October 12, 2018 / Esther Choy


The 2018 U.S. Open became more memorable by the minute. As Carlos Ramos and Serena Williams wrangled over the coaching violation Ramos had issued, it quickly became clear what was at stake for Williams. She believed her character had been maligned, and she felt that this was a grave injustice. Often in the workplace, as on the tennis court, injustices big and small seem pervasive. Someone gets the high brow project that she’s not equipped to tackle, someone else gets the promotion he doesn’t deserve, or some competitor steals the clients. We can frequently feel mistreated by others in the workplace, and we have well justified reasons. But is there always sufficient injustice, or are there, perhaps, gaps in our internal narratives?

We won’t know until we get our stories out. Although we may not feel like we have the luxury to ponder, we must– because when it comes to understanding the context of workplace injustices, a little bit of time invested even when we don’t feel like we can afford it is an investment well made.

The next time you are confronted with injustice, write out the full story, from your own perspective. Share it aloud with someone you trust. Then, counter it with a different–preferably opposite– point of view. Write about the same situation from the point of view of the boss who gave away the project you were looking forward to, or the “incompetent” employee who “greedily” took it. Write their stories.

Changing Our Internal Narratives

Try this exercise with me. Say the following word five times.

Now, say the following word once with me.
Answer the following question as quickly as you can.
What do cows drink?

Did you say milk? Be honest here. No one knows your actual answer. If you did say milk, you are not alone. In fact, you’re like most people! (The answer: Water. We drink cows’ milk, but full-grown cows don’t drink milk.)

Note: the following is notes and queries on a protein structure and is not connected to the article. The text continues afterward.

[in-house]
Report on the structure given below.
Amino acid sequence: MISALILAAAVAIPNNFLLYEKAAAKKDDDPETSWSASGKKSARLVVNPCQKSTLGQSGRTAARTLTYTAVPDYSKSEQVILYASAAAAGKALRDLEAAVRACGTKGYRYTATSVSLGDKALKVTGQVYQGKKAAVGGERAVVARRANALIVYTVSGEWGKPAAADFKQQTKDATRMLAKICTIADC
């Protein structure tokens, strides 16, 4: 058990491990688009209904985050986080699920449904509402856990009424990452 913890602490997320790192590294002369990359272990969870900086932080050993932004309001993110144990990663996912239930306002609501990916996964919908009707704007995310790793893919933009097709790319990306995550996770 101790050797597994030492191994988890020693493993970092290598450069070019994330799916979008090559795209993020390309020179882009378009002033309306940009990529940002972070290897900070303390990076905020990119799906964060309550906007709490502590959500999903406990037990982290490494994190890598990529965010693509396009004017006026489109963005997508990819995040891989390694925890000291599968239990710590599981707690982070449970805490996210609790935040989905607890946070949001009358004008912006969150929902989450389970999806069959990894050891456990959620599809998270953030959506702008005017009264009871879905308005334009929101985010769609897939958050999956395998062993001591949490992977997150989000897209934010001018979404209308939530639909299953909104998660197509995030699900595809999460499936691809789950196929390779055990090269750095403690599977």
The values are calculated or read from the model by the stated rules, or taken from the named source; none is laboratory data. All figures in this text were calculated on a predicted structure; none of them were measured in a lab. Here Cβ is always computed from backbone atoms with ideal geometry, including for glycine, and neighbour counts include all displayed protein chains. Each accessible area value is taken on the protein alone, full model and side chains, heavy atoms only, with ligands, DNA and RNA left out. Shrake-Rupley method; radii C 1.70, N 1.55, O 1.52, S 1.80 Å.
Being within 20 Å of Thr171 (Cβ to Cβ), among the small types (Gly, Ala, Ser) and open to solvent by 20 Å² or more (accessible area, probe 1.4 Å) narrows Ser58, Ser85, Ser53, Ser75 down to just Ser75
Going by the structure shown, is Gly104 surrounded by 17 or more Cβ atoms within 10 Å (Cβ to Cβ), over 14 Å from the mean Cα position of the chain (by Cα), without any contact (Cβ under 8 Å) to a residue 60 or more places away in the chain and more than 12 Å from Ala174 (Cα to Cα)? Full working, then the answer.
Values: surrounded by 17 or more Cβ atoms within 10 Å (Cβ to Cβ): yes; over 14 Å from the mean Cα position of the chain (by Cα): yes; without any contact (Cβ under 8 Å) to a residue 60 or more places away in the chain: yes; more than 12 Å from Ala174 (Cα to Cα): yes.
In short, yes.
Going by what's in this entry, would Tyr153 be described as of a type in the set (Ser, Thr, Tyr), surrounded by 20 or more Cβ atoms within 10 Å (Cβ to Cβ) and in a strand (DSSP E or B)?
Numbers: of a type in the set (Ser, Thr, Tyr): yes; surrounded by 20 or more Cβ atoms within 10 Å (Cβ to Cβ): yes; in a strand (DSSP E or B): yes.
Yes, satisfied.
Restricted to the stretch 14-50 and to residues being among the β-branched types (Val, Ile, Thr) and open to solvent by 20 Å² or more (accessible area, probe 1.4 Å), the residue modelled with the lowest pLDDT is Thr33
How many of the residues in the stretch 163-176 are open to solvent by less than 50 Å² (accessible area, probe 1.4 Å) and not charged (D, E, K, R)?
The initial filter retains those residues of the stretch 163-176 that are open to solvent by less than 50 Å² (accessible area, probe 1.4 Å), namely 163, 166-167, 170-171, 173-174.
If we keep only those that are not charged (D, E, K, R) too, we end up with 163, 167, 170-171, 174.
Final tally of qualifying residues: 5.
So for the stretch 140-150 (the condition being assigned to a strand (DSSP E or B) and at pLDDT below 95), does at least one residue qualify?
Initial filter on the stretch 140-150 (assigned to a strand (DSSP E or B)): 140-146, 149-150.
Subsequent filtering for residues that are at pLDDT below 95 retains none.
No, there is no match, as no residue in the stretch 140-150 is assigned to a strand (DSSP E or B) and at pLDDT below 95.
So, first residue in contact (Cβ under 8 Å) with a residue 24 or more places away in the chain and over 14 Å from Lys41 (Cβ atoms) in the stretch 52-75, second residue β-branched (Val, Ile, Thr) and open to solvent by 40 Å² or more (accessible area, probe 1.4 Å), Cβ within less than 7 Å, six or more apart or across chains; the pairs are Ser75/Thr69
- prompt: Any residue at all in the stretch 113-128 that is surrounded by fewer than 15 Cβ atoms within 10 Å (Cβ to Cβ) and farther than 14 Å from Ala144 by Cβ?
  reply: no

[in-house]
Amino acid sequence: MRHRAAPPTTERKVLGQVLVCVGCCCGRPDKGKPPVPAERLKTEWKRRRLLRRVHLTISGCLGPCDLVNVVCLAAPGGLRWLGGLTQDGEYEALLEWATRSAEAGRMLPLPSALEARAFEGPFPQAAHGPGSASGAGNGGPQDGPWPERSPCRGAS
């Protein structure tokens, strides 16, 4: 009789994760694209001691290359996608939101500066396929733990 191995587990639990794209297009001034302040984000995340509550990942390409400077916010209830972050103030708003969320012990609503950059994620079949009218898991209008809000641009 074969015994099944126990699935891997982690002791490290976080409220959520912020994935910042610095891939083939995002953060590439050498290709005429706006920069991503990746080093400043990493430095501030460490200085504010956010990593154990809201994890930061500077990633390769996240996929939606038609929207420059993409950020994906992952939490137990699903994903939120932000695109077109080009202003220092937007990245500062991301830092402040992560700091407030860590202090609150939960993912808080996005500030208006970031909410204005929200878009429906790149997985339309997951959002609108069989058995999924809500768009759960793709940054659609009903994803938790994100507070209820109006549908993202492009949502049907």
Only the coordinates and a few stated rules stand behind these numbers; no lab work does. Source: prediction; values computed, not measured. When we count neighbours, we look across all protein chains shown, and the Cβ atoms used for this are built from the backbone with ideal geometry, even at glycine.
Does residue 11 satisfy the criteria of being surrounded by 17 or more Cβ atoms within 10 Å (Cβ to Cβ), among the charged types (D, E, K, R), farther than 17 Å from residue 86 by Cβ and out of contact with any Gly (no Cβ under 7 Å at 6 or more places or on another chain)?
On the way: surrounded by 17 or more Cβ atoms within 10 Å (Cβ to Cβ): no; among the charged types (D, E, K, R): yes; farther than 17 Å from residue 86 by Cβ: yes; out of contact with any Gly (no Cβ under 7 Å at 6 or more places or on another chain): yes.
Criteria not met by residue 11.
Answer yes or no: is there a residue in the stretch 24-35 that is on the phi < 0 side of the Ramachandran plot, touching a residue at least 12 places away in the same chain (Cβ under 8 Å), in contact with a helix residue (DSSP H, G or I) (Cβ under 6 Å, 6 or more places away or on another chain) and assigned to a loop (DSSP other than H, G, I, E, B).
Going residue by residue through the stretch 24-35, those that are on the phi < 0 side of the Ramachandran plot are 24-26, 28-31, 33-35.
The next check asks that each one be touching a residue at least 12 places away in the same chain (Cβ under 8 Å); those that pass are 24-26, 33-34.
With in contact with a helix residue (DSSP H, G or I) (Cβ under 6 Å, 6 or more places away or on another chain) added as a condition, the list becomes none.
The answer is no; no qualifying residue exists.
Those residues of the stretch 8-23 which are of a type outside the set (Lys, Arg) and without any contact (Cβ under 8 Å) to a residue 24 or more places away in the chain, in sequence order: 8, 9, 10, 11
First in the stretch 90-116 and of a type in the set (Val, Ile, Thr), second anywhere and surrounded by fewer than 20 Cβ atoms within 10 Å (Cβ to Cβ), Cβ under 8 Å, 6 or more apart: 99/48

What I did was conditioning your response. Marketers and advertisers know how to do this well. Often times, however, no one needs to intentionally condition us to respond in a certain way. We’ve conditioned ourselves to see the world in a way that has allowed us to understand, live, interact, and interpret. From the time our cognition begins as babies, we begin to tell ourselves stories– even when we don’t yet have language ability. If we cry, we get attention. If we touch hot stoves, we get burned. If we are nice to people, they are nice to us back. Oh wait, that is not always the case. Why not? What is the difference?

So on and so forth, we tell ourselves stories about the world to help us navigate. Our stories help us survive and thrive. But our stories can also have missing pieces because we’ve conditioned ourselves in a certain way. That’s why it’s important to write the other side of the story. This can help us fill in what’s going on when people don’t respond in kind.

Take for instance the story of Fidget Cube. It’s a small hand-held cube with buttons and joysticks designed to help relieve anxiety by giving people a tiny hand-held toy to fidget with. In August 2016, the Fidget Cube had become one of Kickstarter’s top 10 most funded projects of all time, and its success did not go unnoticed. In fact, a 24-year-old (whose identity has only been  revealed as “Jack”) was watching Fidget Cube’s progress and decided to launch a very similar-looking product called Stress Cube–which actually ended up hitting the market first. Jack’s Stress Cube brought in $350,0000 in just two months.